Documentary: Russell Brand – The Emperor’s New Clothes (Video)
Documentary: A brother from the UK being harassed by the Police (Video)
Muslims Harassment and the tragedy of to be a “white caucasian muslim” in united kingdom.
Muslims in England and Wales doubled in 10 years
By: Aisha Gani
The Muslim population of England and Wales is growing faster than the overall population, with a higher proportion of children and a lower ratio of elderly people, according to an analysis of official data.
One in three Muslims is under 15, compared with fewer than one in five overall. There are also fewer elderly Muslims, with 4% aged over 65, compared with 16% of the overall population.
In 2011, 2.71 million Muslims lived in England and Wales, compared with 1.55 million in 2001. There were also 77,000 Muslims in Scotland and 3,800 in Northern Ireland.
The Muslim Council of Britain’s (MCB) study of data from the 2011 census found that Muslims are still a small minority of the overall population – one in 20. This contrasts with popular perceptions held by Britons, who overstate the proportion of Muslims in the country by a factor of four, according to a recent survey by Ipsos Mori.
Half the Muslims in England and Wales were born there and almost three-quarters (73%) identify themselves as British. Two-thirds of Muslims are ethnically Asian and 8% are white.
Muhammad tops charts as No. 1 baby name in UK
The most popular name for baby boys in the UK is Muhammad, according to a new chart for 2014 compiled by BabyCentre. The name, also spelled as Mohammed and often given after the Muslim prophet, has seen an enormous gain in popularity, jumping 27 ranks.
“Traditionally Mohammed is often given to the first-born boy in Muslim families,” managing editor at parenting website BabyCentre, Sarah Redshaw, told the Mirror. “The increase of other Arabic names in the top 100 shows the ever-increasing diversity of the UK today.”
A Symbolic Vote in Britain Recognizes a Palestinian State
By: Stephen Castle & Jodi Rudoren
LONDON — Against a backdrop of growing impatience across Europe with Israeli policy, Britain’s Parliament overwhelmingly passed a nonbinding resolution Monday night to give diplomatic recognition to a Palestinianstate. The vote was a symbolic but potent indication of how public opinion has shifted since the breakdown of American-sponsored peace negotiations and the conflict in Gaza this summer.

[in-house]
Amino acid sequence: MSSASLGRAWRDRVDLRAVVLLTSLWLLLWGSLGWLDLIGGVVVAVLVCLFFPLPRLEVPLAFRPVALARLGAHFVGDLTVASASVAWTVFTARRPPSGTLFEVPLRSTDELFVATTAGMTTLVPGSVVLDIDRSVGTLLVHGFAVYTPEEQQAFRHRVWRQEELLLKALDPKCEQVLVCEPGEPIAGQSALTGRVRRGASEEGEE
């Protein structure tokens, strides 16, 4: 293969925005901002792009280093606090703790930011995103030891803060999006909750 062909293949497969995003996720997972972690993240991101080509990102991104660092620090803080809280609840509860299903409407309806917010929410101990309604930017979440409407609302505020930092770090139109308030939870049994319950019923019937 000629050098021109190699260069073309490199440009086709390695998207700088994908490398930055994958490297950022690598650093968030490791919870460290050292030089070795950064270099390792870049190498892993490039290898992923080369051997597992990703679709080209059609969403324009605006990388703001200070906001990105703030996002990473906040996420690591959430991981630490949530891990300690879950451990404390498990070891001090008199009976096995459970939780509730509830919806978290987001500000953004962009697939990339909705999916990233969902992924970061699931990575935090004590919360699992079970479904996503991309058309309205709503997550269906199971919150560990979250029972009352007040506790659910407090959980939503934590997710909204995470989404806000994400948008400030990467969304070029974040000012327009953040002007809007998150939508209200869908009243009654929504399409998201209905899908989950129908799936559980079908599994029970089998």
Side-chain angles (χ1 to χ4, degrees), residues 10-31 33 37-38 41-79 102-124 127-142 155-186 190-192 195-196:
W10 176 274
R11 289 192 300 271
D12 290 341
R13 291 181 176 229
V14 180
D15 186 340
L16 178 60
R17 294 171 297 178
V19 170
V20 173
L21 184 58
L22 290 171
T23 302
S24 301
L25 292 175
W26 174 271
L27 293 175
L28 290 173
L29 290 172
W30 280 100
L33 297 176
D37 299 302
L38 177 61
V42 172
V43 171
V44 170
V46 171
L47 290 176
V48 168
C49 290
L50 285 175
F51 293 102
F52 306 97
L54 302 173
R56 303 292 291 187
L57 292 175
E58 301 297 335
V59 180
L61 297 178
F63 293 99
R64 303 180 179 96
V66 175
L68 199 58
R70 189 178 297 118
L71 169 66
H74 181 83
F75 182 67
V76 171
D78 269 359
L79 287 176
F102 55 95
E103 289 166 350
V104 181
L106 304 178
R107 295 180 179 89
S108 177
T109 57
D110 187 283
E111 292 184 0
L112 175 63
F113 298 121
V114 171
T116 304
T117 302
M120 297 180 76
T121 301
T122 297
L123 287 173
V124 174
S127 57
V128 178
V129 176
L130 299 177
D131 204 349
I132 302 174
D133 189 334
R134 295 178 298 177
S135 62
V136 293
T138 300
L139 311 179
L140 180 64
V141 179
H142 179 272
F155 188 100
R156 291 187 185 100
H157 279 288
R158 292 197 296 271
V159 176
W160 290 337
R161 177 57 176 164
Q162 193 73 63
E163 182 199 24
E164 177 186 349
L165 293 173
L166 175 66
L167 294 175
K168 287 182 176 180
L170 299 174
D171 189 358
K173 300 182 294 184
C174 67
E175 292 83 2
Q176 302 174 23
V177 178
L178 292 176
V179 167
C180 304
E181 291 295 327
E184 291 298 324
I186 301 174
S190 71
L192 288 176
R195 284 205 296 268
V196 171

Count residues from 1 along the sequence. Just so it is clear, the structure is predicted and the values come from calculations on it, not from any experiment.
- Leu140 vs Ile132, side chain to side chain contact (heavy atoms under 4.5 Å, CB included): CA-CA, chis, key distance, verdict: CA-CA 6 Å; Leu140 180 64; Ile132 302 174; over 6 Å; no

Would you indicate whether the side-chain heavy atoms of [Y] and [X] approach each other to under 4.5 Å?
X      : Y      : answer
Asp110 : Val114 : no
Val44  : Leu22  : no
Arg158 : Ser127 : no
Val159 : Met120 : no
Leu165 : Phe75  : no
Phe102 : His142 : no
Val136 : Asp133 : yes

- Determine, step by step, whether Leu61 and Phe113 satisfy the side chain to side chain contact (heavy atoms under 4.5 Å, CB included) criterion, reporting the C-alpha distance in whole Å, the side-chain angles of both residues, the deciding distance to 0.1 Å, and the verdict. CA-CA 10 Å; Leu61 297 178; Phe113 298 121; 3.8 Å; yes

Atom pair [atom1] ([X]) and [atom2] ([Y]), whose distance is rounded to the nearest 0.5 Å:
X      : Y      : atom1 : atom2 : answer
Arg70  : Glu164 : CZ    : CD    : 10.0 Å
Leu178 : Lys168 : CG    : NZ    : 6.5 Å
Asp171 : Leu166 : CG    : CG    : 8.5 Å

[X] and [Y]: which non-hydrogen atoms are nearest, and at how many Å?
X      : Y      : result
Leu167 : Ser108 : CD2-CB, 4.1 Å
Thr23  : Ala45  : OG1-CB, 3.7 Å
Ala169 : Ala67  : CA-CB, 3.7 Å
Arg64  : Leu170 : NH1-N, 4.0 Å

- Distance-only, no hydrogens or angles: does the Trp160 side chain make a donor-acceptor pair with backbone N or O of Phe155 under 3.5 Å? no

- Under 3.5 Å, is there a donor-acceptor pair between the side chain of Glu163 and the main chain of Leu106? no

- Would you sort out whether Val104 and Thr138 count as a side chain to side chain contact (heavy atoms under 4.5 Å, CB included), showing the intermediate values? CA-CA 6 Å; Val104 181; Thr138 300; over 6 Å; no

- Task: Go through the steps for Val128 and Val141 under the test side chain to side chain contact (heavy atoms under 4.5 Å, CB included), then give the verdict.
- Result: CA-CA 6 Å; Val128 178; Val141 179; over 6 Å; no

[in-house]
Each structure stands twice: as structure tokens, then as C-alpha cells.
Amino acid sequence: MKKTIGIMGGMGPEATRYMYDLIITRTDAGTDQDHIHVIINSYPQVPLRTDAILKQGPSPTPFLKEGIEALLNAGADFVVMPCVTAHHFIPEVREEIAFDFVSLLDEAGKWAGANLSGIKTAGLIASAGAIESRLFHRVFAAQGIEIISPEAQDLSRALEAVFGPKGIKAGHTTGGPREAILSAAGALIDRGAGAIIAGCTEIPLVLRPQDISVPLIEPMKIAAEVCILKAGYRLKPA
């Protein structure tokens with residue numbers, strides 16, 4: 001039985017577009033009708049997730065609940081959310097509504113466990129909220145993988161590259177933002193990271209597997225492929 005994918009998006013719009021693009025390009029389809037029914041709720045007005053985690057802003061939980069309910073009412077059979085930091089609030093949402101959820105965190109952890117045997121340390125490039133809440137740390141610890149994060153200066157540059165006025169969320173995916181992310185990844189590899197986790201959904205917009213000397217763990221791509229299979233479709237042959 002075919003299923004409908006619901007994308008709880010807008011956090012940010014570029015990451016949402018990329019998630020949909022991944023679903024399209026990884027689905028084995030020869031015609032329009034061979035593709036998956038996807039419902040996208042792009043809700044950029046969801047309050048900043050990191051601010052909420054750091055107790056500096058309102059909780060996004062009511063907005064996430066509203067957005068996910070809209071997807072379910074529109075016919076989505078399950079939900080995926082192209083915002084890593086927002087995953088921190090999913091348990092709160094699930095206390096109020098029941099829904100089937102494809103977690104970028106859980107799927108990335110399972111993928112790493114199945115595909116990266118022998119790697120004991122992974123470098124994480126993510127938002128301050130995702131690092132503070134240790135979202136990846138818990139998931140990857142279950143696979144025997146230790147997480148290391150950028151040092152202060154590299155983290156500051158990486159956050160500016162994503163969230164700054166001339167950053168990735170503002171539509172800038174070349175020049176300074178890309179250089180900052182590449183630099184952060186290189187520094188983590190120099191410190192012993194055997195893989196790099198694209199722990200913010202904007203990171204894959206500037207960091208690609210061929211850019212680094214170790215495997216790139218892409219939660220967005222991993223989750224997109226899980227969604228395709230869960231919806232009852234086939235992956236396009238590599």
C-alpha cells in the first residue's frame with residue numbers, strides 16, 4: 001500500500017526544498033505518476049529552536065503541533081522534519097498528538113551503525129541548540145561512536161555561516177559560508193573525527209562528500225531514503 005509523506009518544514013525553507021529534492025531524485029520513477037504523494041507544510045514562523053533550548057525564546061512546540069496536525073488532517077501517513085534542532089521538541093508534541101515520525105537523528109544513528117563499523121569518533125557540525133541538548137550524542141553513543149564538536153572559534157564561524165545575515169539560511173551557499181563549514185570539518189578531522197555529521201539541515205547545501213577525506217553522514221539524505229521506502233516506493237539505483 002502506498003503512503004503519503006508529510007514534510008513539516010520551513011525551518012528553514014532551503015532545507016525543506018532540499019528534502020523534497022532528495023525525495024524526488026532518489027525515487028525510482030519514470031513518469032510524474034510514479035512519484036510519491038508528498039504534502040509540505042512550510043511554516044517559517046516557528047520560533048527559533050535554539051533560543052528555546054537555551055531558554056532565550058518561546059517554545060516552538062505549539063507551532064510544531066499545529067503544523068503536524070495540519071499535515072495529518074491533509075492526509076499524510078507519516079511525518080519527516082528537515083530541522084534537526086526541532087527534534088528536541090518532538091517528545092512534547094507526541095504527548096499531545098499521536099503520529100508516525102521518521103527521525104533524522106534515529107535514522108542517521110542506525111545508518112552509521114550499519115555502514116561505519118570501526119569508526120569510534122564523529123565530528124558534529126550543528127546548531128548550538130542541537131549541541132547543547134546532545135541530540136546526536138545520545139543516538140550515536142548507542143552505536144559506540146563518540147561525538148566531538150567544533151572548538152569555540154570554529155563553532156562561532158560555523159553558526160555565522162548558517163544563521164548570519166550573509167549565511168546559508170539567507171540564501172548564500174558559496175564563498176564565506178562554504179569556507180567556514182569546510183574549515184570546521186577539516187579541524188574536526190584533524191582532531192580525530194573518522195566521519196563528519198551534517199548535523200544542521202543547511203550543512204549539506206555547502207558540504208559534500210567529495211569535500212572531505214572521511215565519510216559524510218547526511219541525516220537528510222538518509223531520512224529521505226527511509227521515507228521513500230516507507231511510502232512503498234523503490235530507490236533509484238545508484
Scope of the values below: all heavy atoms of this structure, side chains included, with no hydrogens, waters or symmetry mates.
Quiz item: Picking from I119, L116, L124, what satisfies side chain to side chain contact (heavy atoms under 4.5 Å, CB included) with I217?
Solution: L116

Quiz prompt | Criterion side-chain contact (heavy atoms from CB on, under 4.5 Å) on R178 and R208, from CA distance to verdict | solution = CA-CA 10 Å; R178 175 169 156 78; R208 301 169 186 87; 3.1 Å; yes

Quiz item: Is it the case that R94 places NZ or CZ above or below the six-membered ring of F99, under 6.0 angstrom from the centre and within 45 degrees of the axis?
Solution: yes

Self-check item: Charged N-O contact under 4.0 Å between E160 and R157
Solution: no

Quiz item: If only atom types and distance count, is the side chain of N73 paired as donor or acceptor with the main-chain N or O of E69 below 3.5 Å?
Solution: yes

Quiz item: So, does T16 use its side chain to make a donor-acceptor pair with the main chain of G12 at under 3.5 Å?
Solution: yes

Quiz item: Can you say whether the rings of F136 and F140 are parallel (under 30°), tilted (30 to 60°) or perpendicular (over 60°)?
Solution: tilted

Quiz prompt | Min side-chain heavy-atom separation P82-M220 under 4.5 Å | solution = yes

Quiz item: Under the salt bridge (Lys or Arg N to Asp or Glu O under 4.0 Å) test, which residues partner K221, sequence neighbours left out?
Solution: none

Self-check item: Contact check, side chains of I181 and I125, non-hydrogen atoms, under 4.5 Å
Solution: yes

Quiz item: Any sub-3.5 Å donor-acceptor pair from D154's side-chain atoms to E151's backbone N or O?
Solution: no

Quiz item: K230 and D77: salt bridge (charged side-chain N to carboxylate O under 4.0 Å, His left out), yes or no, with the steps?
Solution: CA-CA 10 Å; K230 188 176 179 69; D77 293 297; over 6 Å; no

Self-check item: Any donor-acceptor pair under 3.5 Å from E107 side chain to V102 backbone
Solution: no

The Trews: Russell Brand – Mainstream Media Corruption Is Killing People (Video)
Government budget cuts have meant over 5000 UK firefighters being axed, 39 fire stations closed & emergency response times significantly increasing. Lives are being lost as a result so why are the mainstream media not covering this?
Scotland stays in UK, but Britain faces change
British Prime Minister David Cameron and many of Salmond’s SNP colleagues, though, were against the idea. Scots, Cameron said at the time, would be faced with “what I’ve always wanted, which is one single question. Not two questions, not devo-max, not different options; a very simple, single question.”Pro-Union supporters celebrate as Scottish referendum polling results are announced at the Royal Highland Centre in Edinburgh, Scotland.- AFP
Edinburgh, London: When 3.6 million Scots voted on Thursday on whether to leave or stay within the United Kingdom, they were answering one simple question: Should Scotland be an independent country?
The scramble for Africa
Whether in bustling cities or remote villages, the 1880s and 1890s were years of terrifying upheaval for Africans. Fleet upon fleet of foreign soldiers armed with new weaponry – and a sense of entitlement – descended, seemingly overnight.
In the space of just 20 years, 90 per cent of Africa was brought under European occupation. Europe had captured a continent.
Europe was in the throes of the Industrial Revolution. The advent of the machine was transforming the cities there into the workshop of the world – a workshop in need of raw materials. It was the dawn of industrial-scale production, modern capitalist economies and mass international trade. And in this new industrial era the value of Africa rocketed – not only for its materials and as a strategic trade route, but also as a market for the goods Europe now produced in bulk.
But the scramble for Africa was not just about economics. Colonialism had become the fast-track to political supremacy in Europe. Rival European powers convened in the German capital and in February 1885 signed the Act of Berlin – an agreement to abolish slavery and allow free trade. The act also drew new borders on the map of Africa, awarding territory to each European power – thus legalising the scramble for Africa.
But with the Second World War – which saw the peak of Europe’s dependency on African troops – a powerful genie was released from a bottle – African nationalism. The tipping point came on February 3, 1960, when Harold Macmillan, the British prime minister, gave his ‘wind of change’ speech. Within 10 months, Britain had surrendered two key African territories and France 14. The rate of decolonisation when it arrived was breathtaking.
Seventeen African nations gained their independence in 1960, but the dreams of the independence era were short-lived. Africa … states of independence tells the story of some of those countries – stories of mass exploitation, of the ecstasy of independence and of how – with liberation – a new, covert scramble for resources was born.